AB - Objectives: Raynaud’s phenomenon (RP) is a significant cause of morbidity. Vasodilator medications can cause unwanted adverse effects, with behavioural and lifestyle changes forming the mainstay of symptom self-management, however this is difficult to implement successfully. The objectives of this study were to evaluate the efficacy of behaviour-change interventions for adults with RP and identify learning points for future RP treatment development..Design: Systematic literature review and narrative synthesis of findings. Data sources: EMBASE, PubMED, Cochrane and Psychinfo were searched for eligible studies on 22nd August 2017 Eligibility criteria: randomised controlled trials (RCTs) of behaviour-change interventions with at least one control comparator arm. Data extraction and synthesis: Study selection, data extraction and risk-of-bias were assessed independently by two reviewers, and reached consensus with the third when necessary. Primary outcomes of interest included severity/impact, frequency and duration of RP episodes, pain, disability, adverse events and study withdrawal. Results: Of 638 articles retrieved, eight studies fulfilled criteria for inclusion. Biofeedback was the active behaviour-change treatment arm for seven studies, with one study reporting a behavioural intervention. Studies were published 1978–2002; six were USA based studies, one German and one Swedish. Using Cochrane Risk of Bias assessment, studies were assessed to be overall at high risk-of-bias was concluded, with the exception of one large RCT. The total sample included 495 participants (study median=29), with a median age of 39.5y and preponderance towards females (73%). Five studies reported significant effects in primary outcomes of interest, however due to missing data and high risk-of-bias across studies, relative efficacy of interventions could not be assessed. Conclusions: There is no evidence to support or refute claims of the efficacy or safety of behaviour-change interventions for the management of RP. There remains a strong case for developing and testing behaviour-change interventions that focus on self-management of RP, however theoretical development and advancement in trial quality is imperative to underpin future work.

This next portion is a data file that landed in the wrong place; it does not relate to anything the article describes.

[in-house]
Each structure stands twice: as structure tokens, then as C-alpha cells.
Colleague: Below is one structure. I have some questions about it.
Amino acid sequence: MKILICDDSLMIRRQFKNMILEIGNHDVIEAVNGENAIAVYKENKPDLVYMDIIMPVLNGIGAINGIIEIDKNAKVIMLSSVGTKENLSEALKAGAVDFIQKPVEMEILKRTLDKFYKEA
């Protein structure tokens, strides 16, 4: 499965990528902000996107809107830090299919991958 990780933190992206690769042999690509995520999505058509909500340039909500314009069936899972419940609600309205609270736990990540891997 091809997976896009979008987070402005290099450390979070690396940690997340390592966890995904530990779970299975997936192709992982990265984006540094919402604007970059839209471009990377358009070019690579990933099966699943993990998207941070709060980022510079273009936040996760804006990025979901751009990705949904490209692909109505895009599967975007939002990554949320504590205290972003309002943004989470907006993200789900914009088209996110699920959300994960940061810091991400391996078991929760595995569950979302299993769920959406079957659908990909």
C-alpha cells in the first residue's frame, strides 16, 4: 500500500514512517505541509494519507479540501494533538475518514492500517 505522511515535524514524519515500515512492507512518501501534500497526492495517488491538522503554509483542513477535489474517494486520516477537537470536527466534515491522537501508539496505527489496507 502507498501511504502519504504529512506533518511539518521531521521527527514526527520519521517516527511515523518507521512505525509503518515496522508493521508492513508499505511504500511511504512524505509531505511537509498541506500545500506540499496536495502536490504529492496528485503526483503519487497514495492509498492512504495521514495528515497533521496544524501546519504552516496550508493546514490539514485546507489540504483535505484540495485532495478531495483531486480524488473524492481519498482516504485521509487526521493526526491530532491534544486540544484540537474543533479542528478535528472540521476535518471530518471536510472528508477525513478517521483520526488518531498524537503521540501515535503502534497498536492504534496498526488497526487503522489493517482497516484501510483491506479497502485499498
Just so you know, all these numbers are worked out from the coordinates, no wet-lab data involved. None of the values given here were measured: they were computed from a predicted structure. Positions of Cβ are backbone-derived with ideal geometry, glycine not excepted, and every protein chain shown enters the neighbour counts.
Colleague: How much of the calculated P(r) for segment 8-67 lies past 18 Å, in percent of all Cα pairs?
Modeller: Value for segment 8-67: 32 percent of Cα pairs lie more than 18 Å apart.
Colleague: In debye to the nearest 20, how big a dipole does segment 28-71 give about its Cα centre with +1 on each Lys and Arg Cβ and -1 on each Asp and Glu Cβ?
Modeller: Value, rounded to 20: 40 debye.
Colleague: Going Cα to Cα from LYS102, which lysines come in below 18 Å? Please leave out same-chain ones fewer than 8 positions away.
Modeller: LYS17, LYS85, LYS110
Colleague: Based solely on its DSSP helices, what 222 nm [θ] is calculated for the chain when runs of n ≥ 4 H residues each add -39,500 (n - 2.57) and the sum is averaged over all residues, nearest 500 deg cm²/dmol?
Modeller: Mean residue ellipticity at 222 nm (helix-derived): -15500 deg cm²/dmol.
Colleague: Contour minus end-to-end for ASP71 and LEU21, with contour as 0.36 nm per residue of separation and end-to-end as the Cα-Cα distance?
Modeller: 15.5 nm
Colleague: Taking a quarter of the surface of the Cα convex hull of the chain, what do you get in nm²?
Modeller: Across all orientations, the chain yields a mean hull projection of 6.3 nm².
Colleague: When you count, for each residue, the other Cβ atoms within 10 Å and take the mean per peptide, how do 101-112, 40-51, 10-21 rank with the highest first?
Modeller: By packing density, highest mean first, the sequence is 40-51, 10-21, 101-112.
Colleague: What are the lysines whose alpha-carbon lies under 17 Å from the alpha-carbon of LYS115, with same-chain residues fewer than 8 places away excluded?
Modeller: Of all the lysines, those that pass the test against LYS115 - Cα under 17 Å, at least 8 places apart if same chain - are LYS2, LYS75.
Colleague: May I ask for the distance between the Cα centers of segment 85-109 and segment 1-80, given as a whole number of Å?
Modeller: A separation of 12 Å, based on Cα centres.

M3 - Poster

ER -